Happy anniversary Phil Parkinson. Happy anniversary Bradford City, one and all.
A year on from the Capital One Cup final and Valley Parade is entitled to smile again at the memories.
For Parkinson, today also marks 11 years as a manager. He too can look back and reminisce without any sense of guilt at City’s current scenario.
It’s gone, get over it. That has been the nay-sayers’ motto when anyone offered last season’s heroics as a defence against all out panic during City’s barren stretch.
Well couldn’t the same be said about that three-month winless run now?
It’s time for less of the Private Frazer “we’re doomed” mentality and more of a Pharrell Williams vibe. Happiness is the truth.
While nobody is lighting a cigar just yet, you sense that equilibrium has been restored.
Just imagine where City would have been if these last two results had not dropped in their favour? Don’t underplay the significance of the week’s six points.
Neither winning margin was emphatic – one secured three minutes over the 90, the other with an air kick from the opposing keeper. But both games reinforced the belief that this team have been programmed never to quit.
Whatever the doubters might have thought, the Parkinson ethos remains strong within his team. Don’t pull up, don’t stop running, don’t think for a minute that the result is beyond you.
That was apparent in Carl McHugh’s thumping header that finally broke down Port Vale’s back door. And it was evident again on Saturday with the hassling, harrying Hanson forcing the panic which presented him with the goal to hit double figures.
Of course it came from a howler which Dons goalkeeper David Martin will not want to relive in a hurry. But without Hanson bearing down on him, would he have rushed and ultimately swished at Stephen Gleeson’s well-struck back pass?
MK Dons will analyse it as an embarrassing defensive gaffe; City as an example of chasing every cause. Different views but same result.
Valley Parade has seen many similar; Nahki Wells almost made them his trademark. This time it was Hanson but the thinking and work ethic was the same.
It is something that Parkinson has drilled into the City psyche. Don’t give anything up easily.
Opposite number Karl Robinson had said before the game that Valley Parade will always have a “special place” in his thoughts.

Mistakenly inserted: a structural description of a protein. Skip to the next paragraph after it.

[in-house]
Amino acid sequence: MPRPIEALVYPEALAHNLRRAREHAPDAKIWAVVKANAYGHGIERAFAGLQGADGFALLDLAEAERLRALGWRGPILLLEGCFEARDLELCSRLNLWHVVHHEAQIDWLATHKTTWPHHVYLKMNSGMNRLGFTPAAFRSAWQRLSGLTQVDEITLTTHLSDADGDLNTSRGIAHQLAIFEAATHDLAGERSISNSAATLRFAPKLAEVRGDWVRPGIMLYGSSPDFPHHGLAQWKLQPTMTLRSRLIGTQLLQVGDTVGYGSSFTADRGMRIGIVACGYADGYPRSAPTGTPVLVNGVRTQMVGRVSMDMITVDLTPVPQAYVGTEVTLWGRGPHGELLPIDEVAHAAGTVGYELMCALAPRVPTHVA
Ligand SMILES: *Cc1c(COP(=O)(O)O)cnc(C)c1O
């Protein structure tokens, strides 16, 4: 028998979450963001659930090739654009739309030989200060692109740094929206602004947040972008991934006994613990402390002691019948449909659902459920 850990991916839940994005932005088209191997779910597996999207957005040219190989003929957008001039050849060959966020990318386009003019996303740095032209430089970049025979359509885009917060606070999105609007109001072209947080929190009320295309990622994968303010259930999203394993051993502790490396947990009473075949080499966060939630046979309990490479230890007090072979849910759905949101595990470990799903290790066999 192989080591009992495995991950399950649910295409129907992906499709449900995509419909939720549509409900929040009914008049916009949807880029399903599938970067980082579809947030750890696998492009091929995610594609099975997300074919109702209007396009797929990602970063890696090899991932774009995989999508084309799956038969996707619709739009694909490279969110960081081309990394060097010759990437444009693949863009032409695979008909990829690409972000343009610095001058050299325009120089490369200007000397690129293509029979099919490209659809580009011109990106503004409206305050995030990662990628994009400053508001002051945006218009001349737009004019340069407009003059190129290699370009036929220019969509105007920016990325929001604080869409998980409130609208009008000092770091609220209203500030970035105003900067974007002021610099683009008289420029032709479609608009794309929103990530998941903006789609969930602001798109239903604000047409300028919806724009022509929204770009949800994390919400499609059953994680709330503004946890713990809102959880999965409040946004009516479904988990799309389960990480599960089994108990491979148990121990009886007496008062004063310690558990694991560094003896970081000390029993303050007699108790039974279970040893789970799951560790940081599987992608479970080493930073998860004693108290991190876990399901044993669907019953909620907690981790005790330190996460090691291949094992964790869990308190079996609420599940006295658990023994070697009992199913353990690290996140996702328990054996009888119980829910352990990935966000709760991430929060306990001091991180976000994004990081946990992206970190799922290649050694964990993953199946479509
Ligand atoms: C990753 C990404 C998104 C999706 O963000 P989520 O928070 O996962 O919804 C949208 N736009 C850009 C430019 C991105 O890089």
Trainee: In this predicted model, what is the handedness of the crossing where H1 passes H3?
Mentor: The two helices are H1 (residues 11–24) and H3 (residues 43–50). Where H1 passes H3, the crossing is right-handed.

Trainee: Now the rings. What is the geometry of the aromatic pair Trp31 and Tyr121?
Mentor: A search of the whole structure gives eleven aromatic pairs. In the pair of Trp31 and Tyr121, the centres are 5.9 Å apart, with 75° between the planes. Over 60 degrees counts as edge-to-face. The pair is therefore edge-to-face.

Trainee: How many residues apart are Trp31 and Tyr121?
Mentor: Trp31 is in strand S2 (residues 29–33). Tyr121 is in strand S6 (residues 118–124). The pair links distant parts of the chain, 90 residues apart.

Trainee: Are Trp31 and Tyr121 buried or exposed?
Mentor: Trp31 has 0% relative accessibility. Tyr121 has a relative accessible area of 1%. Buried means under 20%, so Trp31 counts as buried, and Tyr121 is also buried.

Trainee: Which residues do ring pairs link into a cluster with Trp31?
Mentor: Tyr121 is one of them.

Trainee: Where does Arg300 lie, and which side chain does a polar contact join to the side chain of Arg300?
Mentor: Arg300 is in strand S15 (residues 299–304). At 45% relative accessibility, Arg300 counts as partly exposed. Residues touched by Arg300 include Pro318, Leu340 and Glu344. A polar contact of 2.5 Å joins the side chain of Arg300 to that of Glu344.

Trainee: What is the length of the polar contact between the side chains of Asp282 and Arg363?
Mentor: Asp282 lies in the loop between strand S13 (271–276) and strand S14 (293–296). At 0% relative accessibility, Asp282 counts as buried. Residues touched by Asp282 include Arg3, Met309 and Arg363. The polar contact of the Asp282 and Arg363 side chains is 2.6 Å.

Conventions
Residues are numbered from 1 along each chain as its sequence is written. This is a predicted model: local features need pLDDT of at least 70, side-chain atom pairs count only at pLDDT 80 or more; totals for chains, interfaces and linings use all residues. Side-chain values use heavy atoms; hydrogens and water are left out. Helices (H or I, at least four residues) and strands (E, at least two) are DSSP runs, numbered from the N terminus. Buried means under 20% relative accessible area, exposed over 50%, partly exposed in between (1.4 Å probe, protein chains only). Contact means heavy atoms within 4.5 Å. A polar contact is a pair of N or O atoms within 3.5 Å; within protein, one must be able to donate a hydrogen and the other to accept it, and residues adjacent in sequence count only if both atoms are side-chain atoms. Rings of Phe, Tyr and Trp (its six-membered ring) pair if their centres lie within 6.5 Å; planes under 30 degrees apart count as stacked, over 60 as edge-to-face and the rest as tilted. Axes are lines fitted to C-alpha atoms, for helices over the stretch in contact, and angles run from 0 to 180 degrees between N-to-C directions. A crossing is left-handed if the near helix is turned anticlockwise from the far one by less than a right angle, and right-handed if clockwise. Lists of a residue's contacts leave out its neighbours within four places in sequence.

When he was number two to Paul Ince in 2008, it was the stage for the club’s first promotion since hot-footing it out of London for a new identity 11 years ago.
That feeling of nostalgia will have dipped after City completed their first League One double.
Like the meeting at stadium:mk in November, Robinson could offer a strong case for his own team at least sharing the points.
Phrases like “out of sight” and “dominated” were sprinkled throughout their post-match debrief. It sounded reminiscent of similar home inquisitions during that run that we don’t need to mention again.
Nobody is pretending that this was a comfortable City win. Vale, despite the lateness of the goal, had been fully deserved.
This one had to be scrapped for against a team technically far superior to the previous visitors, even with crippling injuries reducing them to only four fit subs.
Their Premier League style set-up with the extra midfielder meant City needed patience to get the ball. The floating Ben Reeves was always a predatory threat and moved Parkinson to “thicken”, in his words, his own middle line with Chris Atkinson’s addition midway through the second half.
He came on for Aaron Mclean, who had just taken a whack, but it was no slight on the striker’s performance.
Unfortunately, until he gets off the mark, it is easy to point the finger at January’s highly-paid acquisition. But there were plenty of good signs about his display.
Most impressive was his anticipation of Hanson’s headers.
That almost telepathic understanding that the big man enjoyed with Wells is not going to come overnight but the evidence was promising.
Mclean’s attitude summed up the general performance. It was never particularly fluid but you could not fault the application.
Not everything went to plan. Passes went astray on a sticky, unpredictable surface; left winger Adam Reach had his least effective outing on the day that his loan extension was confirmed and Kyle Bennett underwhelmed once again.
But the work-rate never slackened. From the back four, who claimed successive clean sheets for the first time this season, to the dominant Hanson, City were prepared to dig in and do whatever it took.
For the first half hour, it was the Dons who really probed and pushed for an opener.
Jon McLaughlin needed a strong right wrist to beat out a drive from Reeves. Then Izale McLeod left Carl McHugh on the floor and angled a shot past the keeper – only for Stephen Darby to clear off the line.
As half-time approached, City suddenly threatened. Andrew Davies nodded across the box and Hanson’s thumping volley crashed back off the bar.
Milton Keynes continued to have the upper hand after the break, without offering a genuine threat on the home goal.
Concerned about the extra room they were enjoying, Parkinson went like-for-like 20 minutes in as Atkinson got his first taste of Valley Parade action.
And within six minutes, he was on the winning side.
Gleeson’s ball back to his keeper was rushed and carried a bit too much pace, Martin was spooked by Hanson’s menacing advances and the striker showed the wherewithal to calmly steer into the empty net from a tight angle.
Hanson could have had another late on but Martin saved from his downward header and the rebound was scrambled into the side-netting.
It did not matter as City negotiated the generous portion of eight added minutes tacked on by referee Gary Sutton and three more points were in the bag. It’s becoming a habit again.
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